RUESSELSHEIM, Germany (Reuters) -- General Motors' German unit Opel today agreed to a restructuring plan that aims to save as many jobs and factories as possible but needs 3.3 billion euros ($4.18 billion) in state aid, GM officials said.
The idea is to split off Opel into a separate unit that would remain linked to its stricken U.S. parent while letting outside investors take a stake of more than a quarter, GM Europe President Carl-Peter Forster told a news conference on Friday.
GM Europe would include UK unit Vauxhall into the new corporate entity. The spinoff could range from 25 percent to 50 percent of the company.
"GM could be a majority shareholder in the new business structure with more than 50 percent," a GM Europe source told Automotive News Europe.
There are still no decisions about plant closures or forced layoffs, Forster said.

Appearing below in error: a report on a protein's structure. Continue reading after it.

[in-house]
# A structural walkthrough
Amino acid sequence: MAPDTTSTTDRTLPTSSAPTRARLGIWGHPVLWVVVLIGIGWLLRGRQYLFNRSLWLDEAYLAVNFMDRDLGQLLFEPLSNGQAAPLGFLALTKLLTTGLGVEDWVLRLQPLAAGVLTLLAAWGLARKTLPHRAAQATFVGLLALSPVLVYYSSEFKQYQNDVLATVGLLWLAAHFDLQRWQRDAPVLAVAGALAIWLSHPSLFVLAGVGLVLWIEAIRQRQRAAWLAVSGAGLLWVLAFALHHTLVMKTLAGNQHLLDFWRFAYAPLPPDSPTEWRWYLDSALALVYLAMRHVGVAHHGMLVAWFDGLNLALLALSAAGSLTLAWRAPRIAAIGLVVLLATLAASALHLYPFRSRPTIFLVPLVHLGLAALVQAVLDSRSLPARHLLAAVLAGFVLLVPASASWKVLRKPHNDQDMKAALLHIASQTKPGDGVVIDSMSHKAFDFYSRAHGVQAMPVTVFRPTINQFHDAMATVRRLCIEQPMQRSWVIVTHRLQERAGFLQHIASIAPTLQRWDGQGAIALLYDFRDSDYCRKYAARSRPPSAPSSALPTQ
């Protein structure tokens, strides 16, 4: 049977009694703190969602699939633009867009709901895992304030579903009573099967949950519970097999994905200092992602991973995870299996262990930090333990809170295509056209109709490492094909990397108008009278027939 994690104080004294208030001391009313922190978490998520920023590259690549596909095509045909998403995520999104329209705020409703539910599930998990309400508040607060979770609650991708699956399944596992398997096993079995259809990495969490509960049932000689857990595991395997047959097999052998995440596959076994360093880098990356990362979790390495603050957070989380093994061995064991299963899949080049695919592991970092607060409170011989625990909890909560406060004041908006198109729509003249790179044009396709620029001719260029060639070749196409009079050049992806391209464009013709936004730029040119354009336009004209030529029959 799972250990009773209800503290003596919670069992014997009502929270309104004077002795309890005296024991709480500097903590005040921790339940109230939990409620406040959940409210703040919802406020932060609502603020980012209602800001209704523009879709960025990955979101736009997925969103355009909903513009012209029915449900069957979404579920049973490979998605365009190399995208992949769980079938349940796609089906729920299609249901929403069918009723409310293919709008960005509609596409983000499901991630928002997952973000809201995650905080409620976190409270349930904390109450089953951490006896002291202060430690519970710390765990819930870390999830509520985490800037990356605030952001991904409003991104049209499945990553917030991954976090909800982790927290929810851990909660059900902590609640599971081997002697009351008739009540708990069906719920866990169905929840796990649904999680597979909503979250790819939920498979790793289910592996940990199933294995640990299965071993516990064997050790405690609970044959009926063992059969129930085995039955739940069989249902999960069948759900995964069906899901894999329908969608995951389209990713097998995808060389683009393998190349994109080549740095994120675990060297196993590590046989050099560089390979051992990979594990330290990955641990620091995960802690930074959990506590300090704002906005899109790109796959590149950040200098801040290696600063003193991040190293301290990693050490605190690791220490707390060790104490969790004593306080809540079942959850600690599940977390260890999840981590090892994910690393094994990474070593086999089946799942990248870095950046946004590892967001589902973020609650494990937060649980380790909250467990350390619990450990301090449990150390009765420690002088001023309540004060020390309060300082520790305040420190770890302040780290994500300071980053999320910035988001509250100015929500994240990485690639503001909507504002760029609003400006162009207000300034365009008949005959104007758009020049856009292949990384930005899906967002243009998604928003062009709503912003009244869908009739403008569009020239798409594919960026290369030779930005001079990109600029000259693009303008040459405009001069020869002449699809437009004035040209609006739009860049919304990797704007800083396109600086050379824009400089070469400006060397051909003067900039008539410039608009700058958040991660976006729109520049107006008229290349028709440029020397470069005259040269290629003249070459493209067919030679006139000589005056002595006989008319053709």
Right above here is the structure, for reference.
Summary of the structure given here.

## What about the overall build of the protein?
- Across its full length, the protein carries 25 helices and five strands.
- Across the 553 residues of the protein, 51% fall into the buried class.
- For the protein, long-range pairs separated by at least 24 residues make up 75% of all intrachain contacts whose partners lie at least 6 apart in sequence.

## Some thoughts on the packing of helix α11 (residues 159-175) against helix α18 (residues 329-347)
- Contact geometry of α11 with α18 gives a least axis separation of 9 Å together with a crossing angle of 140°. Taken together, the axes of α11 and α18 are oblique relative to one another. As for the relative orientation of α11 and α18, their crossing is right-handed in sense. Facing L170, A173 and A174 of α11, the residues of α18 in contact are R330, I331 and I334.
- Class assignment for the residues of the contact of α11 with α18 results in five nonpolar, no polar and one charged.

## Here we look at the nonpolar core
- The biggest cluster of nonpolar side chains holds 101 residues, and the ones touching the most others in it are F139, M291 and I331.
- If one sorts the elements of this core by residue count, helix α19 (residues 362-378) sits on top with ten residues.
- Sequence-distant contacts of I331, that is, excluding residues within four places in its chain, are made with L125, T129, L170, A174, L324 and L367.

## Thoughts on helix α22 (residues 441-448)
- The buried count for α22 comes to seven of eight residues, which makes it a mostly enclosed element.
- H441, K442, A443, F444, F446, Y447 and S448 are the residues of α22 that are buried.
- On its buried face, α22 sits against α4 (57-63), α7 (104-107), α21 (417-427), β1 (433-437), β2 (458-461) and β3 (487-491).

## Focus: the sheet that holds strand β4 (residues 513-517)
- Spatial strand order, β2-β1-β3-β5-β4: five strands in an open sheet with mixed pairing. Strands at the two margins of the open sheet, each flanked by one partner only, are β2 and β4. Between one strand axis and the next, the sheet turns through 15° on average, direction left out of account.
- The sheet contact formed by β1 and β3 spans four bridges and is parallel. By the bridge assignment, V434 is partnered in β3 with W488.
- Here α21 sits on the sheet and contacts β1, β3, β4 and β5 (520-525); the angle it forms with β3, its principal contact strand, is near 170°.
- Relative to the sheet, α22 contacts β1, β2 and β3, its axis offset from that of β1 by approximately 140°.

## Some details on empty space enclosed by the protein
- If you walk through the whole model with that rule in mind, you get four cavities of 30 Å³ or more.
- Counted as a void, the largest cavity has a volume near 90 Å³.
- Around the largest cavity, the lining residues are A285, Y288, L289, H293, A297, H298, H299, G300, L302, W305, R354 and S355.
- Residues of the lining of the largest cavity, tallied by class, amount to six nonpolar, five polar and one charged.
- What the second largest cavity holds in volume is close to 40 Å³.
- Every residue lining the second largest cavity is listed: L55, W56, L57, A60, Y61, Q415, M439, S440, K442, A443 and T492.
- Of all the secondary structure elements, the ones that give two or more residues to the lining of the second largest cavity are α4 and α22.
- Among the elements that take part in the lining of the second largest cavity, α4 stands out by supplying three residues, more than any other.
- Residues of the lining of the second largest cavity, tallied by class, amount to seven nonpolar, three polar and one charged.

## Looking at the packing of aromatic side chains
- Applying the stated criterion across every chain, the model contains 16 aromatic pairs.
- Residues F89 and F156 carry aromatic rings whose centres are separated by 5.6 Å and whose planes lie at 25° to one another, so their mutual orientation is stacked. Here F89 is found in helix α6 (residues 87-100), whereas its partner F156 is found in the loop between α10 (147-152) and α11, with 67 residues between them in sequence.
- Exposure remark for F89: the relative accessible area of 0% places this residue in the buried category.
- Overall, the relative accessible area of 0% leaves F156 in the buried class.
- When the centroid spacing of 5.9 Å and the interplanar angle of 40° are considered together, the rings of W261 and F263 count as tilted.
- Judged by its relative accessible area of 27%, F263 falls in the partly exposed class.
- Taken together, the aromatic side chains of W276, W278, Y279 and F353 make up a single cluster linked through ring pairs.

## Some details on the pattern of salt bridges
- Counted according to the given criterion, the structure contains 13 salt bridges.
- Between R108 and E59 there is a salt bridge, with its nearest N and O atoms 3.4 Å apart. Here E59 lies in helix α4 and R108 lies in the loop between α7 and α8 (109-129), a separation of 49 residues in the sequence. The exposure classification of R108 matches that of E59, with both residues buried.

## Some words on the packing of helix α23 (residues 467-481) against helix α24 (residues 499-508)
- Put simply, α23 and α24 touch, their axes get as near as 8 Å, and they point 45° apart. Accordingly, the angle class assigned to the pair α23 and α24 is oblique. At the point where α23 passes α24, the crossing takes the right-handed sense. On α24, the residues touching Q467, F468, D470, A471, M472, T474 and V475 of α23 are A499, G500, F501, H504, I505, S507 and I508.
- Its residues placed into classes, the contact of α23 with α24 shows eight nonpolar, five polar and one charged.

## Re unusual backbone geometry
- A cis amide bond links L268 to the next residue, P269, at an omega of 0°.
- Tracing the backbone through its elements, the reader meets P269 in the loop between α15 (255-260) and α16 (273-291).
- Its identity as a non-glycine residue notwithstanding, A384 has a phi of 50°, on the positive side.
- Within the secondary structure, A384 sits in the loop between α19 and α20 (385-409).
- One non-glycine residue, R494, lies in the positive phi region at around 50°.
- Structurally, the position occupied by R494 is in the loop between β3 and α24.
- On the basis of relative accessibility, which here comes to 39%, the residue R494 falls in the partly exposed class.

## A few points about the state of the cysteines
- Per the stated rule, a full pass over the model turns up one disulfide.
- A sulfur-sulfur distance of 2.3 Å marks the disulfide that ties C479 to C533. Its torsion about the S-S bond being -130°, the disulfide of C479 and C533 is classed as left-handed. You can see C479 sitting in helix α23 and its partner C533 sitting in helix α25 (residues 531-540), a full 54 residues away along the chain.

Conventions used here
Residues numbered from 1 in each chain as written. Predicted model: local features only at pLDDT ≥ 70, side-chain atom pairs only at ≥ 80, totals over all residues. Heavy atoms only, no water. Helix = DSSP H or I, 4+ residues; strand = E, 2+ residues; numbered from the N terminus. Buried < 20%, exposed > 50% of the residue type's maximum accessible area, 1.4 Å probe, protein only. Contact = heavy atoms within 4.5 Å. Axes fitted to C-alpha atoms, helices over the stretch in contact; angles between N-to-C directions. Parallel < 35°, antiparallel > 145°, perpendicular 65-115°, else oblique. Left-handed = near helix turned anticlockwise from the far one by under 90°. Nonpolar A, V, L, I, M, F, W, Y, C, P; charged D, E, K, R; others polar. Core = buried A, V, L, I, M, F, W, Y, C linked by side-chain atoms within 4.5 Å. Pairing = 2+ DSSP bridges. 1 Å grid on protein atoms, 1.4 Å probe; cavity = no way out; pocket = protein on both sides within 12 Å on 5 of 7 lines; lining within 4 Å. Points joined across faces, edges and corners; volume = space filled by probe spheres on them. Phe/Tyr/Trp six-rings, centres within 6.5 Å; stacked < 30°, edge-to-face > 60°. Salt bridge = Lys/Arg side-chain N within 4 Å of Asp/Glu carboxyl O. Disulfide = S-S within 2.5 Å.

Through the restructuring and using conservative market assumptions, GM Europe/Opel aims to become profitable by 2011.
The Opel supervisory board meeting came a day after thousands of workers protested in Ruesselsheim, calling for an independent Opel after 80 years as a unit of GM. It is the first carmaker in Europe to ask for government support to survive.
Chancellor Angela Merkel, facing an election in September, wants to save as many of the roughly 25,000 German jobs at Opel as possible and the government has said it will consider granting financing guarantees once it has seen the revamp plan.